January 9, 2023
This week we recognize Ana MacArthur, and her forty plus year practice, from holography to games, while examining the intersection of art and science.
Ignition, 1989, 1982(above) is one installation in a series of works resulting from research into the current state of solar technology. It is a meditation on holography and its role as a bridge to a possible future, where the ingenuity of light would be one of the keystones to environmentally sound modes of energy production. A Seed, is a five feet diameter pumice crete dish reminiscent of both a satellite parabolic and a metaté (a tool used to transform corn into flour) and holds in its center a circular dichromate hologram that slowly turns causing a transformation of colored light on a white feather suspended above. The hologram is made from an optic that bends light to a focal point out in space, and as a result, when lit, splits the white light into its spectrum. Instead of the hologram recording an object, it captures only light itself.
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MacArthur's installation titled Necessary pupils for climate change, Variation 2, from 2008 (above), reflects on the changes in earth's atmosphere, ensuing global climate change, as a ‘veil‘, of sorts, concealing the planet. Under this veil three million species face radical change, putting us in the midst of the 6th greatest extinction cycle in the history of the planet, and due significantly to practices unleashed by the industrial revolution and our dependence on fossil fuels.
In a moment of speculation, there is a reflection on what species are nearing extinction, and, with a near-by glass book, suggestions towards the significance of protecting this library of knowledge. Appearing as pools of water in flagstone slabs on the floor, circular holograms turning by hidden motors perplex as to how they generate the ephemeral spectrum, as if slow moving search lights, they circumnavigate the room and cross over the pupils housing the biological specimens.
Where Light Meets Water; Mumuru on the Equator, T12a, 2009 (above) is an installation focused around the display of a 5 feet diameter mold of the victoria amazonica, the world’s largest water lily from the Amazon Rainforest of Brazil. As an ongoing extensive project, an initial phase involved making a successful mold of an exceptionally large water lily, on site in the Amazon. On one surrounding wall a 15 foot scroll shares stories, through photos and text, and experiences from two trips and six attempts to complete a successful mold of this unusual organism. It outlines the context of a bioregion extremely vital for what it produces biologically, yet presently under great threat via the reciprocal effects of deforestation and climate change. A small object with a dichromate hologram of a solar cell draws a report with the nearby impressions of the giant leaf and, by association, recalling leaves as the inspiration for photo-voltaic cells. A series of small shelves with translucent wax impressions of the complex, underside of the lily are backlit with a two LED colors per shelf; a representation through linear time of the most pronounced frequencies of the sun's radiation affecting the plants growth in each phase of transformation. Nearby in an enclosed room, a continuous loop video slows one into painterly, haunted sounds of the primordial edges of the Amazon.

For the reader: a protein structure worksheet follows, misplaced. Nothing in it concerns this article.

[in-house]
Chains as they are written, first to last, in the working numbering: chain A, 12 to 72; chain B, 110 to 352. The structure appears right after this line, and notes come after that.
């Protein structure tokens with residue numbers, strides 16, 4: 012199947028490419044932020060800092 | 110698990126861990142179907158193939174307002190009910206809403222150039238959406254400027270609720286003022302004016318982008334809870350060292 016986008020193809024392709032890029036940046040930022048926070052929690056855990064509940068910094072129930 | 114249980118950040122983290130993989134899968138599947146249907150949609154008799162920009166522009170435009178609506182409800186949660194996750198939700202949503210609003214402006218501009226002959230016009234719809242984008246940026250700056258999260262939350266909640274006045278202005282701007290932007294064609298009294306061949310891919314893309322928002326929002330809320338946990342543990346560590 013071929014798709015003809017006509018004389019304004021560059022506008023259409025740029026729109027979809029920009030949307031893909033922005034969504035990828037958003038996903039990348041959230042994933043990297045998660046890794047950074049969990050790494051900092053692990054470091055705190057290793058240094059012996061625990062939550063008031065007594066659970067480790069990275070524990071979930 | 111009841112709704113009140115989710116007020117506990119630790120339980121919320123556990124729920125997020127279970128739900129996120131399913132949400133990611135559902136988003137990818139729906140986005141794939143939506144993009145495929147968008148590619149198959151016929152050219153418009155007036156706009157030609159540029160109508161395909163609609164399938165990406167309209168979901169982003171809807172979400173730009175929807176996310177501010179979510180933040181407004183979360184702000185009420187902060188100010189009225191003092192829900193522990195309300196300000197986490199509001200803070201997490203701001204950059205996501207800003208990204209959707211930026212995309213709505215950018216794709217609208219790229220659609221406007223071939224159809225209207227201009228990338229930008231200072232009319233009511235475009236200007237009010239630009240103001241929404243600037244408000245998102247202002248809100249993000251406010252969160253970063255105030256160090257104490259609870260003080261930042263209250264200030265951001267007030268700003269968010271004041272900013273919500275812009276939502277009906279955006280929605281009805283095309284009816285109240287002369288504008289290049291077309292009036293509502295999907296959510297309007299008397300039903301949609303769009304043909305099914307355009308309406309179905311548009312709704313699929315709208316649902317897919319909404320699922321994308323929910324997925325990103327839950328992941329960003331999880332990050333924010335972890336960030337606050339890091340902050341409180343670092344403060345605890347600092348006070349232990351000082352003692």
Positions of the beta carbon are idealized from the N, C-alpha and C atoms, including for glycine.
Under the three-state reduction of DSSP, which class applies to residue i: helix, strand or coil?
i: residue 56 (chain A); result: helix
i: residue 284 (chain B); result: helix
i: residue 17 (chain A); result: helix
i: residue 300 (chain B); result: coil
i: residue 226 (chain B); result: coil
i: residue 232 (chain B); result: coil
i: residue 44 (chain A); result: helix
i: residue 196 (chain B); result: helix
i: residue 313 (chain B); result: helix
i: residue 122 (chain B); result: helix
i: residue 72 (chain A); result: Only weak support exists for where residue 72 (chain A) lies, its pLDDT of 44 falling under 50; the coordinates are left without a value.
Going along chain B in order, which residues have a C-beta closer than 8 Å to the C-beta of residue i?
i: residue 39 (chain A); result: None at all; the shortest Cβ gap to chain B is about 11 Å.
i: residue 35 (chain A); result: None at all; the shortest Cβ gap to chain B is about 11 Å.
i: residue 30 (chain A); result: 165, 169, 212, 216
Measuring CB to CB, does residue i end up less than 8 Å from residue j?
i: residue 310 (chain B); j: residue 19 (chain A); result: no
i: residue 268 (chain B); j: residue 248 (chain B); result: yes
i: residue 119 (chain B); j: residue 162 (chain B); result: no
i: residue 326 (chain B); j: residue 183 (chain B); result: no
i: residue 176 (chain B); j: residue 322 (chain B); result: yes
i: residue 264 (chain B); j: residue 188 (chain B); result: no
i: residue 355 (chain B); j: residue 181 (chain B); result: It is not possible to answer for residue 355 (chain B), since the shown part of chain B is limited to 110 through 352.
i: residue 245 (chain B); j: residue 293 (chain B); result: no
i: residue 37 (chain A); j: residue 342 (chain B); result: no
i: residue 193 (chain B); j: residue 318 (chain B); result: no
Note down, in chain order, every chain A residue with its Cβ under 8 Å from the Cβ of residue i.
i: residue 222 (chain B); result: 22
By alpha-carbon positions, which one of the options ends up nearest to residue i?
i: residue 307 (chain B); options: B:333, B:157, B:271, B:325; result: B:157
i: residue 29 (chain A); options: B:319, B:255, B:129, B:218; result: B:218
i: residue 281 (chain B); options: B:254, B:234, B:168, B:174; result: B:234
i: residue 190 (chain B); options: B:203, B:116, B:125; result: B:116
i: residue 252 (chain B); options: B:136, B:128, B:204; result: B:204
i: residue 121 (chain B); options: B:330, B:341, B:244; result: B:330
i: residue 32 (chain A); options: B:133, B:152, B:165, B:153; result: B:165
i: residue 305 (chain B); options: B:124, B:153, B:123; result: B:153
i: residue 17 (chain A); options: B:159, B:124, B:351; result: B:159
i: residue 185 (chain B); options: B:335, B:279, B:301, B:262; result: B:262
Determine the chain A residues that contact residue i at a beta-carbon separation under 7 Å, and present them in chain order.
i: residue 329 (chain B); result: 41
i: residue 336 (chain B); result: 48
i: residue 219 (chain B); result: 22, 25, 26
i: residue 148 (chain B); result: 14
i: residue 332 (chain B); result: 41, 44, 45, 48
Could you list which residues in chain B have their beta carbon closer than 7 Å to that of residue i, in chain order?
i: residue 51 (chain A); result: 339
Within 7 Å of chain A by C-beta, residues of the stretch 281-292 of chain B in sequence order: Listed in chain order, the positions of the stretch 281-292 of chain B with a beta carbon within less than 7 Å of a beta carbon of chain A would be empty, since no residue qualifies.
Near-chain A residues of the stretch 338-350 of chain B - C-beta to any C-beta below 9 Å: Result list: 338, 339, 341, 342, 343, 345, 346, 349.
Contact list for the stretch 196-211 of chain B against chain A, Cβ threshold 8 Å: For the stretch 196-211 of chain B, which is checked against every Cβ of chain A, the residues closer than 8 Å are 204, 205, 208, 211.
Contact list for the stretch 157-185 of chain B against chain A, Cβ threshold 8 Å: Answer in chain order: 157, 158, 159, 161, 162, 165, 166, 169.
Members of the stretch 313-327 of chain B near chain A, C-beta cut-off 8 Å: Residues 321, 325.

MacArthur’s installation In Search of the Collaborative Blue Fringe, Part II,2016 (above) is focused on a collaboration with a non-human animal (butterfly) and a biologist, while reflecting on extinction, interspecies relationships, energy generation and efficiency, and collaboration as a means to unexpected solutions. The work evolves from layers of exploration and meaning of the blue diffracted light from two species of butterflies. The work engaged scanning electron microscope explorations, fieldwork collaboration with a behavioral biologist, the symbolism and psychology of the color blue, and the use of sugar as both energy source for butterflies and flow of energy through the living world.